Detective Stans took me out to his unmarked police car and opened the door on the front passenger side. So I sat down and looked around while Stans circled the car and got in on the driver’s side. This cop car boasted the crime-fighting equipment of the modern age. No metal screen separated the back seat from the front. Instead of a shotgun, a laptop computer mounted on a swivel occupied the space between the two front seats.
Another detective opened the back door and slid in. “This is my partner, Detective Carney,” Stans said. I twisted around in my seat and nodded to him. He was younger than Stans and tougher looking. Like Stans and all the uniformed cops at the scene, he sported a mustache. Unlike Stans, he didn’t have a soft belly straining the buttons on his white shirt, and his sports jacket lacked the permanent-press wrinkles. Possibly he was more of an action-type cop and didn’t spend a lot of time in warm cars questioning witnesses.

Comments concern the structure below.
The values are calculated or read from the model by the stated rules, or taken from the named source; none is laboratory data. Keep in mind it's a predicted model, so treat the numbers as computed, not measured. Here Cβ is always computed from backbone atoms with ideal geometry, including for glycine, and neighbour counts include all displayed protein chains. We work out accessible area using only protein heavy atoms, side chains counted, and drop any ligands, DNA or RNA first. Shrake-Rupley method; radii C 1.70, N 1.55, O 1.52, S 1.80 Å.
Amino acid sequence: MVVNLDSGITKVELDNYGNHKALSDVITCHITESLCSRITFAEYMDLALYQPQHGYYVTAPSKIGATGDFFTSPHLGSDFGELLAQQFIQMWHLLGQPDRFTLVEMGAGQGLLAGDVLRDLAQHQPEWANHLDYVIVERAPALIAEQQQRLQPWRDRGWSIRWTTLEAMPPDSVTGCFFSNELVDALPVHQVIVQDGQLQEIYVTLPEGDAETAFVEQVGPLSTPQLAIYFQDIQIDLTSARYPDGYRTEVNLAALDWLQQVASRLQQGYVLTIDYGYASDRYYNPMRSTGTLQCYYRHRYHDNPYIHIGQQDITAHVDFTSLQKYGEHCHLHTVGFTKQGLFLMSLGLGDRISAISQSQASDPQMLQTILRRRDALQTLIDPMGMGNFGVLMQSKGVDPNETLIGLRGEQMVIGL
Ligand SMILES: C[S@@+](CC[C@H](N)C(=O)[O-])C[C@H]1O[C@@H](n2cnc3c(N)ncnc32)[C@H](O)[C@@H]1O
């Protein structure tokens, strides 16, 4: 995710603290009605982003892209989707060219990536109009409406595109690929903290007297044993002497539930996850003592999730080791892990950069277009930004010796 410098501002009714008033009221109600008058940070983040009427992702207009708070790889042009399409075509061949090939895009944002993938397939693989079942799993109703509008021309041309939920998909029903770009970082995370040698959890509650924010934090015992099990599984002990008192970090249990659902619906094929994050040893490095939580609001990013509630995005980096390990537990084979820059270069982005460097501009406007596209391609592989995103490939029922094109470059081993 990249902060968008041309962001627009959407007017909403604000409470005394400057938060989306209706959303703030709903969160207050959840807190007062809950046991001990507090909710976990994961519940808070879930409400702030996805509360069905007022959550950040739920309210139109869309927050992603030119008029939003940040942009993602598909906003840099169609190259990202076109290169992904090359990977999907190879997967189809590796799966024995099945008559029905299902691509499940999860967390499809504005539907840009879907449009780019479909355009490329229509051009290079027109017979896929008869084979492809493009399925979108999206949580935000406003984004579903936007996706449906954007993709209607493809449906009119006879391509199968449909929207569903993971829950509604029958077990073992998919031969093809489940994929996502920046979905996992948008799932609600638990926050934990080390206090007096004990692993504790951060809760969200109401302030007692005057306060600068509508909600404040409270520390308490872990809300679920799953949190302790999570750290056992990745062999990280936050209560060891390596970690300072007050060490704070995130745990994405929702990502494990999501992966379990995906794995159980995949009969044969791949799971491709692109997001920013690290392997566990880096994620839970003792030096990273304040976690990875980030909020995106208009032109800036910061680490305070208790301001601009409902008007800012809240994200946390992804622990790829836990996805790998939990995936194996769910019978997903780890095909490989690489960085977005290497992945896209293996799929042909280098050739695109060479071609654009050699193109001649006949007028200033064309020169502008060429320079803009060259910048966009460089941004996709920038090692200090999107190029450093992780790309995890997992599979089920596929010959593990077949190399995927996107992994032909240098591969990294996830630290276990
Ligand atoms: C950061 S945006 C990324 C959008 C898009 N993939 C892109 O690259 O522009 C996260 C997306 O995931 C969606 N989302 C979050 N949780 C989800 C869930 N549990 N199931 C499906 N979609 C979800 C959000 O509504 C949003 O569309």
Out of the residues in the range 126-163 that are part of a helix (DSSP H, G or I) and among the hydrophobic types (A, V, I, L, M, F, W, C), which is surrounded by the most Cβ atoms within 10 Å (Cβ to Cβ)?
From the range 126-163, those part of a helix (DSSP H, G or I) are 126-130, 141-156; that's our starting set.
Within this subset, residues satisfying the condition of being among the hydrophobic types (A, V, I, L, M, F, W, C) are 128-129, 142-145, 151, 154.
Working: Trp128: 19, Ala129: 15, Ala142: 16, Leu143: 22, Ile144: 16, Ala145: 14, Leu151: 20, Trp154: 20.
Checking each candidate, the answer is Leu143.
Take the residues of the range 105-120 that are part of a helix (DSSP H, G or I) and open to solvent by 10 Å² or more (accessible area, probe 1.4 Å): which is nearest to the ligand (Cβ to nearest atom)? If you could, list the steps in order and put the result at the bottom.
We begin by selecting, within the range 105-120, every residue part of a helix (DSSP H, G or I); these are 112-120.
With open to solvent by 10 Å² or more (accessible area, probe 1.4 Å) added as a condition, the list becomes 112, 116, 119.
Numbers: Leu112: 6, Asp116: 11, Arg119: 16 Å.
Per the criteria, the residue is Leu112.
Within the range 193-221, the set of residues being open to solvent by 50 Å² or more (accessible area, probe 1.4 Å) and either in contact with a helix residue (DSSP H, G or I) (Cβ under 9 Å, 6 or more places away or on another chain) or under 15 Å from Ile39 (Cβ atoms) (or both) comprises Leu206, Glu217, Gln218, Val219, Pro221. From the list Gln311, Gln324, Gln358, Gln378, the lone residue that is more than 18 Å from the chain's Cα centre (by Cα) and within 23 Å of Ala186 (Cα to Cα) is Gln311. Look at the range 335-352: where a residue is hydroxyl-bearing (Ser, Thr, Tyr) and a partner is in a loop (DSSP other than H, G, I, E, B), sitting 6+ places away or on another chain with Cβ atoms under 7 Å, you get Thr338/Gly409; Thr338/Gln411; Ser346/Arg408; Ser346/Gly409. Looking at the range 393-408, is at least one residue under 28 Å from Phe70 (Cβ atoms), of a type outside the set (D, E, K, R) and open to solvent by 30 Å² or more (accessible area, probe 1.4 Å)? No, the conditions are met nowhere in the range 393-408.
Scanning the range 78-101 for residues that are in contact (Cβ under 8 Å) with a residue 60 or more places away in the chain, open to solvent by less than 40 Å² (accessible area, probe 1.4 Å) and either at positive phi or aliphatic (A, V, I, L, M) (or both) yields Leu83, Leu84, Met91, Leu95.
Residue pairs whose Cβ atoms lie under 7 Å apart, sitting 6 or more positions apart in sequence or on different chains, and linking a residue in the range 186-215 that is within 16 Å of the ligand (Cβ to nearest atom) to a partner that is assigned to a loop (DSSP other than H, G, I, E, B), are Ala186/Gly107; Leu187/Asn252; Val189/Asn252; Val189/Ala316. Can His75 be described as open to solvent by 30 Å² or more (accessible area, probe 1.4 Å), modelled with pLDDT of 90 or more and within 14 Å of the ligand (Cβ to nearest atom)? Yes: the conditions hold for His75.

Stans got my address and phone and asked me all the expected questions. I found myself repeating almost word for word the story I’d told the uniformed officer earlier. I’d just found the body when Joe had appeared out of nowhere. He’d spoken to me briefly, then knocked me down when the garbage truck showed up.
“I’ve known Stevie Number and GI Joe for about two years, through my volunteer work at the Mobile Clinic,” I told them.
“Where’s that?” Carney asked.
“Lots of places. It’s a converted Winnebago. We drive it to different parts of Berkeley and Oakland. Nurses and physicians donate their time to provide free medical care to those who need it.”